- Easy to install and...
A unique flow-rate measurement solution for use with any flow control system
A hub managing the communication between FLUIGENT software and up to
8 FLOW UNITS per FLOWBOARD. Computer connection and power supply
with a single USB plug.
The different FLOW UNIT models offer an extensive choice of flow-rate ranges to best match your required precision, from 7nL/min to 5mL/min.
A scale factor can be added to your measurements when handling other fluids than the liquid for which the flow sensor is calibrated for. For organic solutions, a second calibration with isopropyl alcohol is built-in on the FLOW UNIT models S, M and L.
Flow-rate measurements (bidirectional) for all FLOW UNITS are displayed in FLUIGENT software (FRP-SFP or MAESFLO™ whether you use it with a MFCS™-EZ or not) An additional function displays and records the dispensed volume for each FLOW UNIT. Flow-rates can be directly controlled with the MFCS™-EZ and the Flow-Rate Control Module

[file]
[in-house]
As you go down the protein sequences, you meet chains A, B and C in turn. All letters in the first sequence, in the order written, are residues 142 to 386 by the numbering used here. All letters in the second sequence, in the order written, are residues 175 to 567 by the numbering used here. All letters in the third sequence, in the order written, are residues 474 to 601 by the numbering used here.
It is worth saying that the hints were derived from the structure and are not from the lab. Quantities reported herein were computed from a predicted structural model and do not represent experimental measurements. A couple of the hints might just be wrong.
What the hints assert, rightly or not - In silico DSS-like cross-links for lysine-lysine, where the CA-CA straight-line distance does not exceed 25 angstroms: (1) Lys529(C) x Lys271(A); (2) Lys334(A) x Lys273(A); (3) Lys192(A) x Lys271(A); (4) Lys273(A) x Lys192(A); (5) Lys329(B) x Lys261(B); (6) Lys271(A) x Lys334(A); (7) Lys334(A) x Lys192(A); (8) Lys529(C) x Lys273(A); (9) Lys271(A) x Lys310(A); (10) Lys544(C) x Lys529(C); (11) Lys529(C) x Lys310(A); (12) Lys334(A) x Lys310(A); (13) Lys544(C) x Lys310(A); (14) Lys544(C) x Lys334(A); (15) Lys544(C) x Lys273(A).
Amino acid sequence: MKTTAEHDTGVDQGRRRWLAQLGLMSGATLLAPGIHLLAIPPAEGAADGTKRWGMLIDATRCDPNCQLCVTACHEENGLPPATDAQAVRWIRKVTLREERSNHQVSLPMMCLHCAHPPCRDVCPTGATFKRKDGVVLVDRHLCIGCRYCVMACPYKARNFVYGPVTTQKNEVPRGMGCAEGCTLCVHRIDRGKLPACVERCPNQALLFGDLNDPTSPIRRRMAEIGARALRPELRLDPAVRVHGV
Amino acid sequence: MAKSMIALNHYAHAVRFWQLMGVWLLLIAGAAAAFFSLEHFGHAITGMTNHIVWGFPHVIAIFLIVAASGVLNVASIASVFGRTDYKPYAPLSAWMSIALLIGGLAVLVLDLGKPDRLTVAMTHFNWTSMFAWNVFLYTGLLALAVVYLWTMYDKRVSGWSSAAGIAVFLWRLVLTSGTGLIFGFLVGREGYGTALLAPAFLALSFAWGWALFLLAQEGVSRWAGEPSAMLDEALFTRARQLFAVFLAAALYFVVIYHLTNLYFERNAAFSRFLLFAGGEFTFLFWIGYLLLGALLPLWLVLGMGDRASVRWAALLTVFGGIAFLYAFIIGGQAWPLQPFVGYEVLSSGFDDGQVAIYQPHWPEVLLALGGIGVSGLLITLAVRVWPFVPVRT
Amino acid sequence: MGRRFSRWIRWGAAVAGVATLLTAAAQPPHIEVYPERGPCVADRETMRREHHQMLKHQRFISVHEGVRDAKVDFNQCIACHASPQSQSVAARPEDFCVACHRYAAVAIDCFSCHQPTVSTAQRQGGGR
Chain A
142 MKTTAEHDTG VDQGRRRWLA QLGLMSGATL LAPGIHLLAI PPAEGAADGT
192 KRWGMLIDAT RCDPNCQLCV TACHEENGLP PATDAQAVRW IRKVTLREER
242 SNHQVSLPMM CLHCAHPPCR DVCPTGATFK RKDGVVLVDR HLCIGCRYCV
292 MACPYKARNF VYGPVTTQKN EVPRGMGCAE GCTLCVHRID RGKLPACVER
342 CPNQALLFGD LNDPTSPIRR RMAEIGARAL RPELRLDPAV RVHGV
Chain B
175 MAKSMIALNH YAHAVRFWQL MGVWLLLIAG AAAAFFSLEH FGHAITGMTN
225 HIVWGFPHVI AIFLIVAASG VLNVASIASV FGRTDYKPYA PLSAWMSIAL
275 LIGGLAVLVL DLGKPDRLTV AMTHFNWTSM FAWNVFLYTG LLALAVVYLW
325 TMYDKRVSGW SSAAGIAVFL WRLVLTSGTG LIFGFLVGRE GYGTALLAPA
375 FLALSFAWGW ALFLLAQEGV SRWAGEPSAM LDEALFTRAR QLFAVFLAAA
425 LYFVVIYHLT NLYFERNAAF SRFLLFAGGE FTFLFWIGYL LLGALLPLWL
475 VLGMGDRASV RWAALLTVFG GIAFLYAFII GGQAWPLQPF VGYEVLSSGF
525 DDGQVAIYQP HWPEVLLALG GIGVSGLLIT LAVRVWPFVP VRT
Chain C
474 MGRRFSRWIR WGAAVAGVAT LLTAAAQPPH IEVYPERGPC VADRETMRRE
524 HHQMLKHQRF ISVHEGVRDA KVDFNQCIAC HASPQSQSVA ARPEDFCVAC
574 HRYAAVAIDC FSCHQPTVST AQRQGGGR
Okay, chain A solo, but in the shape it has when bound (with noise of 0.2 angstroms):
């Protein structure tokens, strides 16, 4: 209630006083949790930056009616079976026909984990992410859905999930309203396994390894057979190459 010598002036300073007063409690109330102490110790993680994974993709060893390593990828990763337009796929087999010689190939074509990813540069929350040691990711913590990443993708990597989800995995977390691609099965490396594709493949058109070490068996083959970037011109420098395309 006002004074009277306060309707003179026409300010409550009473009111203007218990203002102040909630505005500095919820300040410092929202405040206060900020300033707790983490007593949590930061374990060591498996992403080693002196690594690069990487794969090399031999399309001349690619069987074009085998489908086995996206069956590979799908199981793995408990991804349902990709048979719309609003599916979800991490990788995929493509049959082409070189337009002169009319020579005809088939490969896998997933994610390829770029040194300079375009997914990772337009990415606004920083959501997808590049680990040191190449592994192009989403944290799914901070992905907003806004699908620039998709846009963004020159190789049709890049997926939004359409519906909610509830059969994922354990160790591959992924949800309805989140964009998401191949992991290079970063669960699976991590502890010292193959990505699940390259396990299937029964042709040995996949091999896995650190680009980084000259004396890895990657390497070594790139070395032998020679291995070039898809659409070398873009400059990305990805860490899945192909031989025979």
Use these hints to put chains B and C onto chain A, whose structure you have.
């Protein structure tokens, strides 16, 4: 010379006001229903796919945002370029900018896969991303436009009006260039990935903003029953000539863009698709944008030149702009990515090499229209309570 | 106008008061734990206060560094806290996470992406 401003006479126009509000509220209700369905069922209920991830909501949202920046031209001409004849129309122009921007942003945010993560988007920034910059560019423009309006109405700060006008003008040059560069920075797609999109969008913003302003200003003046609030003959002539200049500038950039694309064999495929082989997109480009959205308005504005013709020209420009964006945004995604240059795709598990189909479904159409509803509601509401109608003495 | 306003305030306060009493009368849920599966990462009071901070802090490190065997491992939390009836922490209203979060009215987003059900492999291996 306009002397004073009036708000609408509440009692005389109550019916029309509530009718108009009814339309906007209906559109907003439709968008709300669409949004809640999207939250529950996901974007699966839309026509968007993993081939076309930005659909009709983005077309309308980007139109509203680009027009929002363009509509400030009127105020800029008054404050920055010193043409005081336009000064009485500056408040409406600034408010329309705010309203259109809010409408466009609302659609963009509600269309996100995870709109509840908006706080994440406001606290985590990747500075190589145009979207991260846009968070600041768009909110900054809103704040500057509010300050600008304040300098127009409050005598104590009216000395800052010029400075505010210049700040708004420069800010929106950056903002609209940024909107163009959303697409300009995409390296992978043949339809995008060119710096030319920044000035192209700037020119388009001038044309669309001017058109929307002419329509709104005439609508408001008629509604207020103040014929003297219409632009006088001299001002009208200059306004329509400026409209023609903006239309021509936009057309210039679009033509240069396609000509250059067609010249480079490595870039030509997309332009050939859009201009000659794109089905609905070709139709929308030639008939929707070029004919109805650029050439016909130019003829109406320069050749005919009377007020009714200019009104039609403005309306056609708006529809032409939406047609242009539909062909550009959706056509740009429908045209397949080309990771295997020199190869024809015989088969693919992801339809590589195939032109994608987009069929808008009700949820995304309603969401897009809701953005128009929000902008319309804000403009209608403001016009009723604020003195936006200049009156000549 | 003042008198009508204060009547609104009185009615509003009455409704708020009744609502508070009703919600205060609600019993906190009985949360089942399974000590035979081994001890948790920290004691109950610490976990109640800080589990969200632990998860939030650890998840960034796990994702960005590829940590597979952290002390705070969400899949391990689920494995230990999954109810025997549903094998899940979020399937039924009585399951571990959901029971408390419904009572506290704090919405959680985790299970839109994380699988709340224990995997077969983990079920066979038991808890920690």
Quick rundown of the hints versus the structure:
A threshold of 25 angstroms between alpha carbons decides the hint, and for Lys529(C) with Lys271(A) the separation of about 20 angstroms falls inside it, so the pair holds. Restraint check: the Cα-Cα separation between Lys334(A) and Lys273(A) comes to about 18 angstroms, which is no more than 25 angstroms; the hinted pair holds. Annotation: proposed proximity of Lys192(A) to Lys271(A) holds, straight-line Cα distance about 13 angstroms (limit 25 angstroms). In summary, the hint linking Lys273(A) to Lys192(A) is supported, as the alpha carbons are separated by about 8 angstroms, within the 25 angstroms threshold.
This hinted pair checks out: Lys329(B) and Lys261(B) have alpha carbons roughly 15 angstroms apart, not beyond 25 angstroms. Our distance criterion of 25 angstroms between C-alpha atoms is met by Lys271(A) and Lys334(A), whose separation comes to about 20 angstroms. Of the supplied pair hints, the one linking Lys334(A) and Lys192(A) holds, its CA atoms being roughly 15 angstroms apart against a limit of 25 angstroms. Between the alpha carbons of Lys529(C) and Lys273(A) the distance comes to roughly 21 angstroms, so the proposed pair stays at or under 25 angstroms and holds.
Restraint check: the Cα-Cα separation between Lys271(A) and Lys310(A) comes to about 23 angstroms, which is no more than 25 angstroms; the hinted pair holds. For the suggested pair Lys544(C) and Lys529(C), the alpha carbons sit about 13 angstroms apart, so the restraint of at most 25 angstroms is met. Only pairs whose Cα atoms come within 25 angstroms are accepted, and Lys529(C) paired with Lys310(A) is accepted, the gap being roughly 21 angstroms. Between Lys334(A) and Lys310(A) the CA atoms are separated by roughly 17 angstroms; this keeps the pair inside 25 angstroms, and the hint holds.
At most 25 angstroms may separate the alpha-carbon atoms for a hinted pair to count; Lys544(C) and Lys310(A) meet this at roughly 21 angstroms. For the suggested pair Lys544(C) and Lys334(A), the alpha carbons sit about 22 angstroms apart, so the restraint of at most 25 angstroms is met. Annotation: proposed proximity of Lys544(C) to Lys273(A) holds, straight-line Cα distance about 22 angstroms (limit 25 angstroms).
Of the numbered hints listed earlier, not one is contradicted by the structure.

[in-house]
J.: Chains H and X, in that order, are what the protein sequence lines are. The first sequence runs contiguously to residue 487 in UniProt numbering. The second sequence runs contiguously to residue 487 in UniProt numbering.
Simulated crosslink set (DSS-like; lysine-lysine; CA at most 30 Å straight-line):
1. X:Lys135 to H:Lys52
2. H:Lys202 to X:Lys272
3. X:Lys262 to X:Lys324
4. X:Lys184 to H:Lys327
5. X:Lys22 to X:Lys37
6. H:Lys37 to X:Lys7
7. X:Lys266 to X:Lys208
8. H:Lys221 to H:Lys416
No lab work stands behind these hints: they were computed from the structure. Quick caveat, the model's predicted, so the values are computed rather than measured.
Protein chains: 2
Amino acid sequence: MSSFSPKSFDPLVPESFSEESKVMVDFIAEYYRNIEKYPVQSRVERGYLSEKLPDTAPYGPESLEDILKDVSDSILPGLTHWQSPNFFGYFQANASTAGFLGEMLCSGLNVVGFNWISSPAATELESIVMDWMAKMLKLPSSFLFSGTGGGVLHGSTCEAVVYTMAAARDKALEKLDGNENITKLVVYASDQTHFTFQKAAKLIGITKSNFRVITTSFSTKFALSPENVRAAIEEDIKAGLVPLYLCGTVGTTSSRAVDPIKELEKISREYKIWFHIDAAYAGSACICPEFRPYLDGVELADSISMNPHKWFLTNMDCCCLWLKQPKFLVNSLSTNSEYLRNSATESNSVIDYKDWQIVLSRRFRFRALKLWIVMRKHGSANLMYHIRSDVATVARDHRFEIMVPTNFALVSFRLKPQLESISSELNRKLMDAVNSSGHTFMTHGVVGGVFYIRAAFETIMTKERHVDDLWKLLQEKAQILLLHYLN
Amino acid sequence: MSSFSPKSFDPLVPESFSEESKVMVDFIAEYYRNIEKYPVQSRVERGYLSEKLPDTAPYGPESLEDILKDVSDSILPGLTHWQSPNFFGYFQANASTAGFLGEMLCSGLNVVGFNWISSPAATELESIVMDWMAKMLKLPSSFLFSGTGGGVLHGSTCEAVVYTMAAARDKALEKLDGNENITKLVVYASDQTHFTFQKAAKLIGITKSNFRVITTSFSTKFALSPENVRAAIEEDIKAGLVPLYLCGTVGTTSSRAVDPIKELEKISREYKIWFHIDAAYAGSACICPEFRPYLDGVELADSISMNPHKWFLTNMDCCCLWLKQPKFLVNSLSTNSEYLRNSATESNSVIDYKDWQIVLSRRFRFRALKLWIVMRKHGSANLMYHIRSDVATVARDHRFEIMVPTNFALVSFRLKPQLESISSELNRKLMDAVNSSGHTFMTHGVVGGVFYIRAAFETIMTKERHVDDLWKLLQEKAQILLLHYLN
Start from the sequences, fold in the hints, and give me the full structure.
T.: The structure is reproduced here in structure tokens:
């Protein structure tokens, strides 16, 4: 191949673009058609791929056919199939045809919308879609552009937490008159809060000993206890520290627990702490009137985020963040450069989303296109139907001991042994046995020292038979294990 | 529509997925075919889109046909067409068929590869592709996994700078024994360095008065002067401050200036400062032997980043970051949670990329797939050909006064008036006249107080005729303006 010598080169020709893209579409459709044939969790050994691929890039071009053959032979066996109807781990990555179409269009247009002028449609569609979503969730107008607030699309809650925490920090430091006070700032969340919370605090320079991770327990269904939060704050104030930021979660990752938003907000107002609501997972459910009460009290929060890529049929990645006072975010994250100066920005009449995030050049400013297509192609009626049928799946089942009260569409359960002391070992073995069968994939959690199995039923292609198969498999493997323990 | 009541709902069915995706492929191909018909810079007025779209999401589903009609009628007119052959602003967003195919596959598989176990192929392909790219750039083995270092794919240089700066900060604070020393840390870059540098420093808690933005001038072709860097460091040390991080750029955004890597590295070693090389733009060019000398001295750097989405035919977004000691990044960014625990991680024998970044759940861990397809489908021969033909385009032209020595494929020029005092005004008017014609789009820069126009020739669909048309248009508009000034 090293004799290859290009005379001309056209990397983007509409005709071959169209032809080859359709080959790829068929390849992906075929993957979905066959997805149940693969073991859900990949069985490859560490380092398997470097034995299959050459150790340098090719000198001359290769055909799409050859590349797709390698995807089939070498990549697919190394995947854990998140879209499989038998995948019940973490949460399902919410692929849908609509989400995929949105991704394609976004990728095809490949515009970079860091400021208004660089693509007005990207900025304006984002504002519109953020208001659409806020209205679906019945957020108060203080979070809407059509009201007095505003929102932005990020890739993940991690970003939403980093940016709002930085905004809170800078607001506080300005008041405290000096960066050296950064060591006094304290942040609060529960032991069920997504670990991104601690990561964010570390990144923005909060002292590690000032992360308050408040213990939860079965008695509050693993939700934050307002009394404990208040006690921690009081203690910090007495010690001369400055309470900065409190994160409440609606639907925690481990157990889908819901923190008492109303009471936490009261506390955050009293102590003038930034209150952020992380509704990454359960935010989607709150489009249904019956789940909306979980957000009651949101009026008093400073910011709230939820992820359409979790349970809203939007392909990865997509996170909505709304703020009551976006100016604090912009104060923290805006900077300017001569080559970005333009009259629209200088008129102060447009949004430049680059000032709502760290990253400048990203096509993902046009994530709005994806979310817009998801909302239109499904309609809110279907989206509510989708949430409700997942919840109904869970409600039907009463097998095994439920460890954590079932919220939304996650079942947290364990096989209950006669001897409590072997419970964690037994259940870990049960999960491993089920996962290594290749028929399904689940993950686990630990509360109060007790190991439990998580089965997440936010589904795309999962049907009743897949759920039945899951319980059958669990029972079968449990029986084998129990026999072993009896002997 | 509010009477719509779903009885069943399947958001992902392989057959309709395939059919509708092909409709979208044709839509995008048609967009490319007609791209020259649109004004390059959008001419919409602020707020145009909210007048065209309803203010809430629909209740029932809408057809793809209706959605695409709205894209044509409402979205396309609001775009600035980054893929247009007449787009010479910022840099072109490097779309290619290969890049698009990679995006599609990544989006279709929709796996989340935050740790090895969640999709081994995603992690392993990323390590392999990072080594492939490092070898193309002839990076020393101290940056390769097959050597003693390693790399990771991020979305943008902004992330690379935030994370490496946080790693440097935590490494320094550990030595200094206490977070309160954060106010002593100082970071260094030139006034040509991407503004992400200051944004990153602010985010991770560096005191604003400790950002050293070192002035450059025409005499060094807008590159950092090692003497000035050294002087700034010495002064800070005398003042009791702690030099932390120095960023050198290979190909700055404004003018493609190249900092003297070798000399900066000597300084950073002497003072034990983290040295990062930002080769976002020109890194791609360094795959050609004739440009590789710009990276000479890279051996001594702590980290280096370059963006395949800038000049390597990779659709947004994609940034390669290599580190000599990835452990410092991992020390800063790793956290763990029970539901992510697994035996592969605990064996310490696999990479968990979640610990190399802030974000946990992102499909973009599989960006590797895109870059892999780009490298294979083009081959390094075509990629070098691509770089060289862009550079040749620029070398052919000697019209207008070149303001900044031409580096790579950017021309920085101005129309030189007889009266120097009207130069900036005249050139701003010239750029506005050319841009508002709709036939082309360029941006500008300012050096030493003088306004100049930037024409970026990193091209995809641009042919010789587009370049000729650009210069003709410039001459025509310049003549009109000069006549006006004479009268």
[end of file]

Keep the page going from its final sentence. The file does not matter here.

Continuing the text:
The FLOW UNITS have been designed to be used close to the device with any type of flow controller from pressure regulators to syringe or peristaltic pumps to best suit to your application.
Any number of FLOW UNITS with any flow-rate range can be combined. A single hub, the FLOWBOARD, can host up to 8 FLOW UNITS and communicate with FLUIGENT software, which can communicate with up to 2 FLOWBOARDS.
Each FLOW UNIT has its own specifications as the FLOWBOARD, as shown in the charts below